Three Dead Humpbacks Wash Up in Five Days on Mid-Atlantic Beaches
With the humpback whale population in trouble on the Atlantic, there have been not one, not two, but three grim discoveries in the Mid-Atlantic region in the past week.
Just two weeks ago, Bay Bulletin ran a story in which the National Oceanic and Atmospheric Administration (NOAA) implored Bay-region boaters to be cautious around humpback whales during peak migration season. Read it here. Since then, three humpbacks have been stranded on North Carolina and Virginia beaches.
One was found in Corolla on the Outer Banks on Sunday. Also on Sunday, a stranded humpback was found on the beach at Back Bay National Wildlife Refuge in Virginia Beach. And one washed up near Oregon Inlet earlier in the week, after being spotted afloat off Jennette’s Pier in Nags Head.
Edward Ponton saw the carcass on the sand at Back Bay, just south of Sandbridge, and took this haunting photo:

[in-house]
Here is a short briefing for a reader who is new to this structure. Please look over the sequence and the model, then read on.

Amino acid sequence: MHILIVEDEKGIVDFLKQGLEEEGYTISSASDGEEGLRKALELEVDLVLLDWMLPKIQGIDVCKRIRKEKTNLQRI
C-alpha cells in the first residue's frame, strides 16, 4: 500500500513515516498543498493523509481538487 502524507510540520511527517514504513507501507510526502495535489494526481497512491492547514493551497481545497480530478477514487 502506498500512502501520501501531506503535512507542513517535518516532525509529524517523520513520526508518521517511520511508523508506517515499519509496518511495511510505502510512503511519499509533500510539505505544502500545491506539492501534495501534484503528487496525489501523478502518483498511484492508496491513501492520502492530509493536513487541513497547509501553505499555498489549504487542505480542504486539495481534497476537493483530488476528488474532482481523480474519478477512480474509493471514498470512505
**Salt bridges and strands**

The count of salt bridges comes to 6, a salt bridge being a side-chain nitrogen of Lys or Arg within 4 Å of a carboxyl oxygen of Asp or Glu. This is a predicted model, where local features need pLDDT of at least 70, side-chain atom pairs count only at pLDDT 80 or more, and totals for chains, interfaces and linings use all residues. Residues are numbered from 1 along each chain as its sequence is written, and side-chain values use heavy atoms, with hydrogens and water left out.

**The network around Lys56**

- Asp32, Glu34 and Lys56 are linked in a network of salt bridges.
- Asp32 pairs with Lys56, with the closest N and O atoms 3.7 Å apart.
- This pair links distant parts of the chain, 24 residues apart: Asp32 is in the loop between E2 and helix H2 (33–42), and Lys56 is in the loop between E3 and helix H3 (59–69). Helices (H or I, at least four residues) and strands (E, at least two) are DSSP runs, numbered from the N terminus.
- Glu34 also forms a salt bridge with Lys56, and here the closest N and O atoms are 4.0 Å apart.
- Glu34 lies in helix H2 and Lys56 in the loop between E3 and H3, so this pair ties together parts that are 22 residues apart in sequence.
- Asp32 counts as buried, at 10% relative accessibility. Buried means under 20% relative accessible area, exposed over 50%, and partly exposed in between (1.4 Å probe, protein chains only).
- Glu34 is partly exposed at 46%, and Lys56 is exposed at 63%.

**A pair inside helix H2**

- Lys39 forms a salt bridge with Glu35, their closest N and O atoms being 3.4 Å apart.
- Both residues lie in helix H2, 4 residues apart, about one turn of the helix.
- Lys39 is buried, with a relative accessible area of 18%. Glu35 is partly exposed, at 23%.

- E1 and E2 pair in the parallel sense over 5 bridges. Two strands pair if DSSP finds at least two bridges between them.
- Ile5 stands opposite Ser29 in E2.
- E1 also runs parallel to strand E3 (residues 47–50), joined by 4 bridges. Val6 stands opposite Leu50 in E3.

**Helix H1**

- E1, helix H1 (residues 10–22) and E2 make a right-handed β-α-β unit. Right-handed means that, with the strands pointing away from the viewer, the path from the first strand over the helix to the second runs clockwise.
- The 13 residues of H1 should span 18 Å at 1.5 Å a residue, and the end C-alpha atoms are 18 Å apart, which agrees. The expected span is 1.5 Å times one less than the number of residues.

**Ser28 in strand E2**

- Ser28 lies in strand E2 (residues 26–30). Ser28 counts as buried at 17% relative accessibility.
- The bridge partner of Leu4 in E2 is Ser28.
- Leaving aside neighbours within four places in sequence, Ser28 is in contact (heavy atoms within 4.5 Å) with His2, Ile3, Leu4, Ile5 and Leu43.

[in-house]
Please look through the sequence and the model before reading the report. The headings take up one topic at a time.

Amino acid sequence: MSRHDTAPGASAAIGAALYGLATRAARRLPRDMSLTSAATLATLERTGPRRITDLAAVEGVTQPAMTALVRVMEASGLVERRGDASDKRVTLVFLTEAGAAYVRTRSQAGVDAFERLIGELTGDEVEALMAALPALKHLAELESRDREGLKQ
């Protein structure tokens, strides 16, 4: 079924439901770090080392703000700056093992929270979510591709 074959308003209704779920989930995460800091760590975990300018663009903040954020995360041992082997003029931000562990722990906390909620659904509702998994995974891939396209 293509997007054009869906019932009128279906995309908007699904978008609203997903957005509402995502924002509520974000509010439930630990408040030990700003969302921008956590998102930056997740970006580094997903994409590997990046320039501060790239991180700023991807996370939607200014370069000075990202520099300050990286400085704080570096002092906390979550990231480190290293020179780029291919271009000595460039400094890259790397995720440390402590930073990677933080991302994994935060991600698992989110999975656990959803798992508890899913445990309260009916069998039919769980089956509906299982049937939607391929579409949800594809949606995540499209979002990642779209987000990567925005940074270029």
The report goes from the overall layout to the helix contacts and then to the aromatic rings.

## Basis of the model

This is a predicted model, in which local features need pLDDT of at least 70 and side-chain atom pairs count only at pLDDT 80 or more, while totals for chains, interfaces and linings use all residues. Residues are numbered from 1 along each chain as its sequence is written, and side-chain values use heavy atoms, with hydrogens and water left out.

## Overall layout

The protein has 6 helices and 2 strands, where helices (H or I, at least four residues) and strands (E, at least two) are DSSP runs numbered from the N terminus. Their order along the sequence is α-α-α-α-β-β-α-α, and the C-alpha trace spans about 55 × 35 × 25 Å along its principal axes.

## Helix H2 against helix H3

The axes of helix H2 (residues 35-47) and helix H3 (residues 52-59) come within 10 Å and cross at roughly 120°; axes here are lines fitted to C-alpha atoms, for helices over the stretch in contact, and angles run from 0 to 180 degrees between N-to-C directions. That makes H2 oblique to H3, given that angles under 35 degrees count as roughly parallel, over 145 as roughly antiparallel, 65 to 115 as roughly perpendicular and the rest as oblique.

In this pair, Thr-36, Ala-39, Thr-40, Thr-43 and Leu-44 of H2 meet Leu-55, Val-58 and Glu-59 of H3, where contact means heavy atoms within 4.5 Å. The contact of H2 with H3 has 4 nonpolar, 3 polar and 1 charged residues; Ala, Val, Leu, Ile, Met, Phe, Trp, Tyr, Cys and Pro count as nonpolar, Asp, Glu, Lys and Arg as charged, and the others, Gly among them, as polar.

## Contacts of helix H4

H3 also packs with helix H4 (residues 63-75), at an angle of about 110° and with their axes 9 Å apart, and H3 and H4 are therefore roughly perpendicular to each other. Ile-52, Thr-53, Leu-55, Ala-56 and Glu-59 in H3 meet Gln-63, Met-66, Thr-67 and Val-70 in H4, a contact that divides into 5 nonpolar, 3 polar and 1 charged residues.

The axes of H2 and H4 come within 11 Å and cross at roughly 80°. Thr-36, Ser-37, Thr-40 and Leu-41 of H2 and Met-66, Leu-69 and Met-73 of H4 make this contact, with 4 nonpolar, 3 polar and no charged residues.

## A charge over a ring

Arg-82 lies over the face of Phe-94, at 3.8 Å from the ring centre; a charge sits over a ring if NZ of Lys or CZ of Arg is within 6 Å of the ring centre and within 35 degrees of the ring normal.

Further south, Corolla Beach Rescue has been asking the public to respect the space where a juvenile male humpback washed up. The beach rescue reported that a necropsy was planned.
The three deaths come in the middle of an Unusual Mortality Event, or UME, as declared by NOAA Fisheries. A UME is defined as “a stranding that is unexpected; involves a significant die-off of any marine mammal population; and demands immediate response." Dozens of humpbacks have died along the Atlantic coast since 2016. Declaring a UME allows NOAA to investigate a string of marine mammal deaths, and gives them access to funds that support the investigation.
Boat strikes are a growing concern as possible whale killers. But there’s no obvious evidence these three most recent humpbacks were slashed by a propeller.
NOAA asks anyone who finds a beached or floating whale to let the experts know right away.
The most important step members of the public can take to assist investigators is to immediately report any sightings of live whales in distress or stranded, or dead whales. Make the report by calling the Greater Atlantic Marine Mammal Stranding Hotline at 866-755-6622, the Southeast Marine Mammal Stranding Hotline at 877-433-8299 or contact the U.S. Coast Guard on VHF Channel 16. Do not approach or touch injured or dead marine mammals.
-Meg Walburn Viviano